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Race Is On to Succeed Commerces Bliley

Washington -- The race for the House Commerce Committee
helm geared up last week in the wake of current chairman Tom Bliley's (R-Va.)
announcement that he plans to retire at the end of the year.

Bliley, 68, made his announcement at a March 8 press
conference in the Rayburn Office Building -- home of the Commerce Committee and the place
where Bliley's most important achievements over the past five years had their origin.

Commerce is one of the most powerful committees in
Congress, with oversight of the cable, broadcast, satellite, wireless-phone and
landline-phone industries. House members seek appointment to the panel as a platform for
raising campaign money from the industries it regulates.

Assuming Republicans retain control of the House in
November, Reps. Billy Tauzin (R-La.) and Mike Oxley (R-Ohio) are expected to wage a
spirited battle to replace Bliley.

"I will tell you this: Billy is convinced that he has
done everything necessary to ensure that he will be the next Commerce Committee
chairman," Tauzin spokesman Ken Johnson said.

Peggy Peterson, Oxley's spokeswoman, said her boss was
primed for the race. She declined to be specific after a recent news story quoted House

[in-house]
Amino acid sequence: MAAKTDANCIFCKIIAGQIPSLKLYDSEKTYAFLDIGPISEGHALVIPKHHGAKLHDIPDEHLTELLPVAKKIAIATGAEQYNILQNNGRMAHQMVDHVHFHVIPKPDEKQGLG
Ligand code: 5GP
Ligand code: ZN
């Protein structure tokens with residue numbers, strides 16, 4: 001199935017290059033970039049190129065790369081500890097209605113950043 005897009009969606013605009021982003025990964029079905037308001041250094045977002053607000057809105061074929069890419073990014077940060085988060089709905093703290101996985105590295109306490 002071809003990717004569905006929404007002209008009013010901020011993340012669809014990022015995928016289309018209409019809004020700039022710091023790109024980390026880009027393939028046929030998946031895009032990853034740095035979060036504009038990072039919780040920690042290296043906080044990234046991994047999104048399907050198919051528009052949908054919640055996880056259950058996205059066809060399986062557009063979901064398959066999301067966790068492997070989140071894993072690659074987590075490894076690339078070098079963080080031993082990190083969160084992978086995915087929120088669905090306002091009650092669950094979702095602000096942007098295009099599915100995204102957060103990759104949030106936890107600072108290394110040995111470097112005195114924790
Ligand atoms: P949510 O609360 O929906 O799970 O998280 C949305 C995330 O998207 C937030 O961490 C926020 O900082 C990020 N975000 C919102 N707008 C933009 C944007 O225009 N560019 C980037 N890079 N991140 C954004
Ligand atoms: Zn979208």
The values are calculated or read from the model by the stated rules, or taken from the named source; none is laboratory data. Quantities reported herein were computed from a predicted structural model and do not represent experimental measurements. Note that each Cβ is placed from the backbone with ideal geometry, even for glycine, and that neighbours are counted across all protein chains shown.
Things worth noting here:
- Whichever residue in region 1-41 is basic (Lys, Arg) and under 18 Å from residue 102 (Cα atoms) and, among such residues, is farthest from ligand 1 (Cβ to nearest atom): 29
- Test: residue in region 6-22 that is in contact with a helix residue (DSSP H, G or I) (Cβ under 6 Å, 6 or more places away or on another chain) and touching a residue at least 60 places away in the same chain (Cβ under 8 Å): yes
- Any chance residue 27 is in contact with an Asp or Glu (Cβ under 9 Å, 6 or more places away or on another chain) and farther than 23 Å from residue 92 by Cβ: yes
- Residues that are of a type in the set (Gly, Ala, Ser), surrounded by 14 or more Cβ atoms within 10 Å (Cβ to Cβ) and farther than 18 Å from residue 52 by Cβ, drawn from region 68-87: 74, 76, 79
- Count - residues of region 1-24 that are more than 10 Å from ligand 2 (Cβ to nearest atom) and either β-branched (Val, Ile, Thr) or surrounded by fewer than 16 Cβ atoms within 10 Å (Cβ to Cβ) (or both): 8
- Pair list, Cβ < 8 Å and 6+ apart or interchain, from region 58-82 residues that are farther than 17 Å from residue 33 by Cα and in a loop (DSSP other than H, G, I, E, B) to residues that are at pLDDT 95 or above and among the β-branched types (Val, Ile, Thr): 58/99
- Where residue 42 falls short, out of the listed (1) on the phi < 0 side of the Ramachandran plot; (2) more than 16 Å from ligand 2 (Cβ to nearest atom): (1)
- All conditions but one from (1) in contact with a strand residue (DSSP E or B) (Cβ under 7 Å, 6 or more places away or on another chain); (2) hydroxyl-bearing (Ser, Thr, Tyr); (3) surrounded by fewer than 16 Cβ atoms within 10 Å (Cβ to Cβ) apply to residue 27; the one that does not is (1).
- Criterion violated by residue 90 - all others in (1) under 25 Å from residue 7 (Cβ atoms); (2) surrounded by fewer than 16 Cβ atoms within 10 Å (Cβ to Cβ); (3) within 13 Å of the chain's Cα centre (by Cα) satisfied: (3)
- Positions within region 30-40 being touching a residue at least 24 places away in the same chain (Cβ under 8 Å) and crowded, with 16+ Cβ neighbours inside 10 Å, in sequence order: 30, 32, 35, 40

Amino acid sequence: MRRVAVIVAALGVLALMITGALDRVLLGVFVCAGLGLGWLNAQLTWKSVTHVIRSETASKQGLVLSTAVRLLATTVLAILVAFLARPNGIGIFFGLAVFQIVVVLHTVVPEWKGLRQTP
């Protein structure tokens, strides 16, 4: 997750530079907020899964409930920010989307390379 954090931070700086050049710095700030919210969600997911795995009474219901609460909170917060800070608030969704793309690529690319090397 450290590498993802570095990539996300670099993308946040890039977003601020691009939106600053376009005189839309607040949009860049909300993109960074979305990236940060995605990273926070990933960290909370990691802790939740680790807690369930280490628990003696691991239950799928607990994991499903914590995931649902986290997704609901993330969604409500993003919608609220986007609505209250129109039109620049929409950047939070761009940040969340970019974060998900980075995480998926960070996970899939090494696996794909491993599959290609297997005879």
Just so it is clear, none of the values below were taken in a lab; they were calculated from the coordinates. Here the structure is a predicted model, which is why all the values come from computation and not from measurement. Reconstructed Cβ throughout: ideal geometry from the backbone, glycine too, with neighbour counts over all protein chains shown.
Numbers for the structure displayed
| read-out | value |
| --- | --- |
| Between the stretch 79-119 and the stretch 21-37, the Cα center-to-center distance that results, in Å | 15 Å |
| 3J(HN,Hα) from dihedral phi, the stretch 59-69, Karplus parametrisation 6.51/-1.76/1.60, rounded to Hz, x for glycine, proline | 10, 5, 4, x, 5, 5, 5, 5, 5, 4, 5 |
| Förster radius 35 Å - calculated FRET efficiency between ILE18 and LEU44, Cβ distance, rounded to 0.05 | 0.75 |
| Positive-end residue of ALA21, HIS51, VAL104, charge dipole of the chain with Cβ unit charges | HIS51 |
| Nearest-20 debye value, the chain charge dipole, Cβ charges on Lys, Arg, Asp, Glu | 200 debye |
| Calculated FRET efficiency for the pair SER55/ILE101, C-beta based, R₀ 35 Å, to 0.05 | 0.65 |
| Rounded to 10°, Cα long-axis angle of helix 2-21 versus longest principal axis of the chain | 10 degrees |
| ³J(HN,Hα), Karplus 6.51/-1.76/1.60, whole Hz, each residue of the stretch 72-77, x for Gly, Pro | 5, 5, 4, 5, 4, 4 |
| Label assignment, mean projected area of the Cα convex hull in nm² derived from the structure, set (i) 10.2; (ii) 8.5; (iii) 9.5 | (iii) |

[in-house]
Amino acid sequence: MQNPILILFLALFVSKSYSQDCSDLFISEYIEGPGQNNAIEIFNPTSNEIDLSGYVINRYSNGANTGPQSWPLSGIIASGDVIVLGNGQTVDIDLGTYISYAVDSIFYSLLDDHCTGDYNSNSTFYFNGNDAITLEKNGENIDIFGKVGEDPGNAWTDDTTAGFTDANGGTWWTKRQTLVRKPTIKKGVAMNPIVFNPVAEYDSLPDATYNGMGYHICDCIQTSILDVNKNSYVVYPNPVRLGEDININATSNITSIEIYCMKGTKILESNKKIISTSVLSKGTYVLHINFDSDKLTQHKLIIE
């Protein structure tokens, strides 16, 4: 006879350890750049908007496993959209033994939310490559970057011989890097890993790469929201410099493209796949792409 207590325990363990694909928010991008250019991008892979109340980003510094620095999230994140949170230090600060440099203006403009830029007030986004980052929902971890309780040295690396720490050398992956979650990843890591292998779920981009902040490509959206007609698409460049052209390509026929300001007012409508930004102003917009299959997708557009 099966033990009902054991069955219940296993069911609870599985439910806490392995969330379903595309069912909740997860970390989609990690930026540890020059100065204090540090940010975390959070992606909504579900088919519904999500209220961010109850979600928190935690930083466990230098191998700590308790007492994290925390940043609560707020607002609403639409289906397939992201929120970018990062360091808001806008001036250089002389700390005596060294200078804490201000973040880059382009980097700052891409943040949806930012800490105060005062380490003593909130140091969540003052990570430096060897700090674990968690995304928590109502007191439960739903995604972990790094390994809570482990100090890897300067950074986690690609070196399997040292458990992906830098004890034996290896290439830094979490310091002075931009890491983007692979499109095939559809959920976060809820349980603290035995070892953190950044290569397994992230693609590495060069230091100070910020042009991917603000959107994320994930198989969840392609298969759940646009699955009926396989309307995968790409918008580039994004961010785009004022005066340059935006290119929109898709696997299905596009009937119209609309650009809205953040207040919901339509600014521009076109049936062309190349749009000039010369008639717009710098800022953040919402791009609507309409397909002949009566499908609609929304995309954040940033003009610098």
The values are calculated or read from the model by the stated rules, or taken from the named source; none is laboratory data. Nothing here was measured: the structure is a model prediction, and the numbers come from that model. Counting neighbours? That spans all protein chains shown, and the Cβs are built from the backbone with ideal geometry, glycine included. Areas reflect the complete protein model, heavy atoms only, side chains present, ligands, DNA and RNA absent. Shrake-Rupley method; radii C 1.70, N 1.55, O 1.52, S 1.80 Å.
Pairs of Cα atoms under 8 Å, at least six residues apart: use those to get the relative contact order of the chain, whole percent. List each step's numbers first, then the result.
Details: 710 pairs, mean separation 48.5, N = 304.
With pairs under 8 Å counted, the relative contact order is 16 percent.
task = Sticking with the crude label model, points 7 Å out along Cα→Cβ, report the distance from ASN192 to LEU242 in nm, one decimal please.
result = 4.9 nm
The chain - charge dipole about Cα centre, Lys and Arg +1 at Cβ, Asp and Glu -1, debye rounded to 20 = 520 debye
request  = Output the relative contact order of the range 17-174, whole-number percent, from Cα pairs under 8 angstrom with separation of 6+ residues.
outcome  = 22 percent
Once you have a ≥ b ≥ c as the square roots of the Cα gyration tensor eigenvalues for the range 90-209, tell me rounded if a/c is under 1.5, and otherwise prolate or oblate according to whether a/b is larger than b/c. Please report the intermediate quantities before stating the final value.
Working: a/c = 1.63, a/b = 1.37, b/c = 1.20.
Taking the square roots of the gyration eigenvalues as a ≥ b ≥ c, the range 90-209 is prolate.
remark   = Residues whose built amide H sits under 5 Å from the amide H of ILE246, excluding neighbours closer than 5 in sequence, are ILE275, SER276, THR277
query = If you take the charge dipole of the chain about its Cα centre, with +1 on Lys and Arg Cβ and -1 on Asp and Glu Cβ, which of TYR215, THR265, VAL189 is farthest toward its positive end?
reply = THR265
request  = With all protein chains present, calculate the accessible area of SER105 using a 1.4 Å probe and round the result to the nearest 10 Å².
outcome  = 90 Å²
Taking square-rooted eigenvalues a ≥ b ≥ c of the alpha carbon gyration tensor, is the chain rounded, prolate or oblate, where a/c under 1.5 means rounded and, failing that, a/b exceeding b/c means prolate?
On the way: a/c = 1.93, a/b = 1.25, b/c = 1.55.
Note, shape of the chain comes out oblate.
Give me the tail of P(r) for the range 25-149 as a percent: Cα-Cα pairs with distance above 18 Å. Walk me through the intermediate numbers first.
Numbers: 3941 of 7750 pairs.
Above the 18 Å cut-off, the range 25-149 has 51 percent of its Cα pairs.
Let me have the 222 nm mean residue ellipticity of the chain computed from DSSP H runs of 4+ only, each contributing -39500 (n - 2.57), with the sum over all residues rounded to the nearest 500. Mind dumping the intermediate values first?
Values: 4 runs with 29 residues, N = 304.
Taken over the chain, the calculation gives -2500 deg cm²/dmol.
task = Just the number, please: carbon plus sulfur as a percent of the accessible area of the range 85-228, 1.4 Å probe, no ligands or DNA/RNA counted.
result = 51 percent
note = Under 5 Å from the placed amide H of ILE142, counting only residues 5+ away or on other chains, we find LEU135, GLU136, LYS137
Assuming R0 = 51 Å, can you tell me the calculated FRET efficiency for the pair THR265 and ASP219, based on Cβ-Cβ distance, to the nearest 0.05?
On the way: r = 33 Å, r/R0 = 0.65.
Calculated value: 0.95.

Speaker J. Dennis Hastert (R-Ill.) as saying that he was displeased with the politicking
going on in connection with committee-chairmanship battles.

"The speaker has just admonished us to cool it,"
Peterson said.

As a Democrat, Tauzin voted for the regulatory 1992 Cable
Act mainly because it included program-access provisions that helped to launch the
satellite-TV industry. Oxley voted against the measure, which became law over President
Bush's veto.

Bliley -- a former mayor of Richmond, Va., and funeral-home
director -- would have been forced to step down next year as Commerce Committee chairman
under House GOP rules adopted in 1995 that limit chairmen to six years.

But as recently as two months ago, Ray Allen Jr.,
Bliley's chief political adviser, said the lawmaker had filed the papers and raised
the money in preparation for another election campaign.

Bliley reportedly told colleagues he would return to
Congress and seek the chairmanship of the House Telecommunications Subcommittee, a post
currently held by Tauzin. Oxley is chairman of the Finance and Hazardous Materials

During his chairmanship, Bliley pushed several important
measures, including the Telecommunications Act of 1996, which broadly deregulated the
cable industry.

"Chairman Bliley is one of the true gentlemen of the
Hill. He will be sorely missed not only by his Virginia constituents, but also by all of
those who had the privilege of working with him on public matters," National Cable
Television Association president Robert Sachs said in a prepared statement.